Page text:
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1st week of Advent of Code '22 in Rust

· 13 min read
Matej Focko

Let's go through the first week of Advent of Code in Rust.


If you wish to have a look at the solutions, you can follow them on my GitLab. More specifically in the /src/bin/.

I will try to summarize my experience with using Rust for the AoC. Trying it out ages ago, I believe it will be pain and suffering, but we will see. For each day I will also try to give a tl;dr of the problem, so that you can better imagine the relation to my woes or 👍 moments.

Day 1: Calorie Counting


As the name suggests, we get the calories of the food contained in the elves backpacks and we want to choose the elf that has the most food ;)

Wakey wakey!

Programming in Rust at 6am definitely hits. I've also forgotten to mention how I handle samples. With each puzzle you usually get a sample input and expected output. You can use them to verify that your solution works, or usually doesn't.

At first I've decided to put asserts into my main, something like

assert_eq!(part_1(&sample), 24000);
info!("Part 1: {}", part_1(&input));

assert_eq!(part_2(&sample), 45000);
info!("Part 2: {}", part_2(&input));

However, once you get further, the sample input may take some time to run itself. So in the end, I have decided to turn them into unit tests:

mod tests {
use super::*;

fn test_part_1() {
let sample = parse_input("samples/day01.txt");
assert_eq!(part_1(&sample), 24000);

fn test_part_2() {
let sample = parse_input("samples/day01.txt");
assert_eq!(part_2(&sample), 45000);

And later on I have noticed, it's hard to tell the difference between the days, so I further renamed the mod from generic tests to reflect the days.

Also after finishing the first day puzzle, I have installed an sccache to cache the builds, so that the build time is lower, cause it was kinda unbearable.


Well, it's a pretty simple problem. You just take the input, sum the calories and find the biggest one. However, if we try to generalize to more than the biggest one, the fun appears. We have few options:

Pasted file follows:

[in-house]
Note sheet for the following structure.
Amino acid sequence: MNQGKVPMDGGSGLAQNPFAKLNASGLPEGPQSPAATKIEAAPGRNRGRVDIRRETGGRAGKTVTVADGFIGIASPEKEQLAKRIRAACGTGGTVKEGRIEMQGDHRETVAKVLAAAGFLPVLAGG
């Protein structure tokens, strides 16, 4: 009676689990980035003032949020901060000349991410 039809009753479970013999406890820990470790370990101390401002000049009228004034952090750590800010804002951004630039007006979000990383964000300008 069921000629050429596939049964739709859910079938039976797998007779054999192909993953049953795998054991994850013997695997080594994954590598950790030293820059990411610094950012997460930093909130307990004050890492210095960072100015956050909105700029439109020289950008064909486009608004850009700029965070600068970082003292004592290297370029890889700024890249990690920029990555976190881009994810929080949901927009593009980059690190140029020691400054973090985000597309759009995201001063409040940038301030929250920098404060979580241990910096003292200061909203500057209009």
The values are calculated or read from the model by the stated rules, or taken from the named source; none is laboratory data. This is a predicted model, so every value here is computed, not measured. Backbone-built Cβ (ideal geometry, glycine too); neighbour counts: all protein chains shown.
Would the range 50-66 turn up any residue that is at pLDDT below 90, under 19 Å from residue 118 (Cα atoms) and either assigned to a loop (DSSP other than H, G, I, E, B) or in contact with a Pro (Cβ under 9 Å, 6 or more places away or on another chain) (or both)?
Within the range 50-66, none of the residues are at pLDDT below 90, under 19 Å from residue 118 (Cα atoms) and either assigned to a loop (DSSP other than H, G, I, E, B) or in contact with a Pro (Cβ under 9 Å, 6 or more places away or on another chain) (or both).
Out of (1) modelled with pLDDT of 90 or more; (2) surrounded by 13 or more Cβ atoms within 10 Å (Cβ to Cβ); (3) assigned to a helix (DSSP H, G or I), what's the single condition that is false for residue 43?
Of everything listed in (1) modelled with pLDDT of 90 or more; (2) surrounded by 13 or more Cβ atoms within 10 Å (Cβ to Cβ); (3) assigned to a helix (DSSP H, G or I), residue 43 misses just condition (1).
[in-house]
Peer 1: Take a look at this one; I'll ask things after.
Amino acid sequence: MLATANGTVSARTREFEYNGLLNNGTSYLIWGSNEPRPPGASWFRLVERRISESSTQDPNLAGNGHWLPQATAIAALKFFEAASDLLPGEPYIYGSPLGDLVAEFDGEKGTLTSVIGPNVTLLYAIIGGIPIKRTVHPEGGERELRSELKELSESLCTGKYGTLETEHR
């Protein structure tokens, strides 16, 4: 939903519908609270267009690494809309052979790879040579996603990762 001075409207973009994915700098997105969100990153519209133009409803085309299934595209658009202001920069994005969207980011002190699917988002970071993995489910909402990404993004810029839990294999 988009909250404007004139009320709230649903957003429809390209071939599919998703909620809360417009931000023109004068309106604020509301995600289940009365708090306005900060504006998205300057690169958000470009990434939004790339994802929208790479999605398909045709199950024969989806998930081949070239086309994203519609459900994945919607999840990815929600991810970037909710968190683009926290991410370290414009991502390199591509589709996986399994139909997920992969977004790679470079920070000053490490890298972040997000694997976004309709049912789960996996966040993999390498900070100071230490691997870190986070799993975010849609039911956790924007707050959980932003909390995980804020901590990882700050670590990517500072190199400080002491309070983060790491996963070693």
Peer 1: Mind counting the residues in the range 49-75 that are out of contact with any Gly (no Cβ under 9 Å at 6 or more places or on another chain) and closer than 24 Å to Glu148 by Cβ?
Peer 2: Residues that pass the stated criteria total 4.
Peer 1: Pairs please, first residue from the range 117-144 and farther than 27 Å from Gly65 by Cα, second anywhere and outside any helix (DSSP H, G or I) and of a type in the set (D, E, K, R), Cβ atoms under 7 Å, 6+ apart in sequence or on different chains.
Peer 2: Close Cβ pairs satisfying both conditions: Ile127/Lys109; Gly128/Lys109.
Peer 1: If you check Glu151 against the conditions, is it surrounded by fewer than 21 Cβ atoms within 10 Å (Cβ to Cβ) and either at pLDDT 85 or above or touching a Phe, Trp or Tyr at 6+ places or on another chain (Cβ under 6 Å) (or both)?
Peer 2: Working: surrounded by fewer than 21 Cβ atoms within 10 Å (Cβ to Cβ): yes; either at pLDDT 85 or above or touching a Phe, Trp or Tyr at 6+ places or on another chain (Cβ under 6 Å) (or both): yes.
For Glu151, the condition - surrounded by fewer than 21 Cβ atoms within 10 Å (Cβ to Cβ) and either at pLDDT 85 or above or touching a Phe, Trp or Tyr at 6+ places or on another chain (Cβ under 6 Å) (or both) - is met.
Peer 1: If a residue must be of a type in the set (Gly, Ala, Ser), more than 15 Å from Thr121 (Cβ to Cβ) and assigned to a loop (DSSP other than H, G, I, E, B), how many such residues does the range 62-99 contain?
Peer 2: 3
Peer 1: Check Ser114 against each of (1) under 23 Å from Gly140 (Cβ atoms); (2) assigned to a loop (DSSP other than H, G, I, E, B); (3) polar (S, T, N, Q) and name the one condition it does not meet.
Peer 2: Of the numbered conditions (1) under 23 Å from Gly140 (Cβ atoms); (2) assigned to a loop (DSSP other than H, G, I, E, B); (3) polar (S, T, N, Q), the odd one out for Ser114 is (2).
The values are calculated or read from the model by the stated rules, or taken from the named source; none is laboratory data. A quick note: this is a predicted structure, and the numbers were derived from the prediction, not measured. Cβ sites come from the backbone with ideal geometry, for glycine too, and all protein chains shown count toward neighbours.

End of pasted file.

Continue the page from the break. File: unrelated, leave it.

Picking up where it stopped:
• keep all the calories, sort them, take what we need
  • keep all the calories and use max heap
  • use min heap and maintain at most N calories that we need

Day 2: Rock Paper Scissors


You want to know what score did you achieve while playing Rock Paper Scissors. And then you want to be strategic about it.

Apart from the technical details of the puzzle, it went relatively smooth.


I took relatively naïve approach and then tried to simplify it.

Day 3: Rucksack Reorganization


Let's go reorganize elves' backpacks! Each backpacks has 2 compartments and you want to find the common item among those compartments. Each of them has priority, you care only about the sum.

This is the day where I started to fight the compiler and neither of us decided to give up. Let's dive into it \o/

Fun fact

Fighting the compiler took me 30 minutes.

We need to find a common item among 2 collections, that's an easy task, right? We can construct 2 sets and find an intersection:

let top: HashSet<i32> = [1, 2, 3].iter().collect();
let bottom: HashSet<i32> = [3, 4, 5].iter().collect();

Now, the first issue that we encounter is caused by the fact that we are using a slice (the […]), iterator of that returns references to the numbers. And we get immediately yelled at by the compiler, because the numbers are discarded after running the .collect. To fix this, we can use .into_iter:

let top: HashSet<i32> = [1, 2, 3].into_iter().collect();
let bottom: HashSet<i32> = [3, 4, 5].into_iter().collect();

This way the numbers will get copied instead of referenced. OK, let's find the intersection of those 2 collections:

println!("Common elements: {:?}", top.intersection(&bottom));
Common elements: [3]

Notice that we need to do &bottom. It explicitly specifies that .intersection borrows the bottom, i.e. takes an immutable reference to it.

That's what we want, right? Looks like it! \o/

Next part wants us to find the common element among all of the backpacks. OK, so that should be fairly easy, we have an intersection and we want to find intersection over all of them.

Let's have a look at the type of the .intersection

pub fn intersection<'a>(
    &'a self,
    other: &'a HashSet<T, S>
) -> Intersection<'a, T, S>

OK… Huh… But we have an example there!

let intersection: HashSet<_> = a.intersection(&b).collect();

Cool, that's all we need.

let top: HashSet<i32> = [1, 2, 3, 4].into_iter().collect();
let bottom: HashSet<i32> = [3, 4, 5, 6].into_iter().collect();
let top_2: HashSet<i32> = [2, 3, 4, 5, 6].into_iter().collect();
let bottom_2: HashSet<i32> = [4, 5, 6].into_iter().collect();

let intersection: HashSet<_> = top.intersection(&bottom).collect();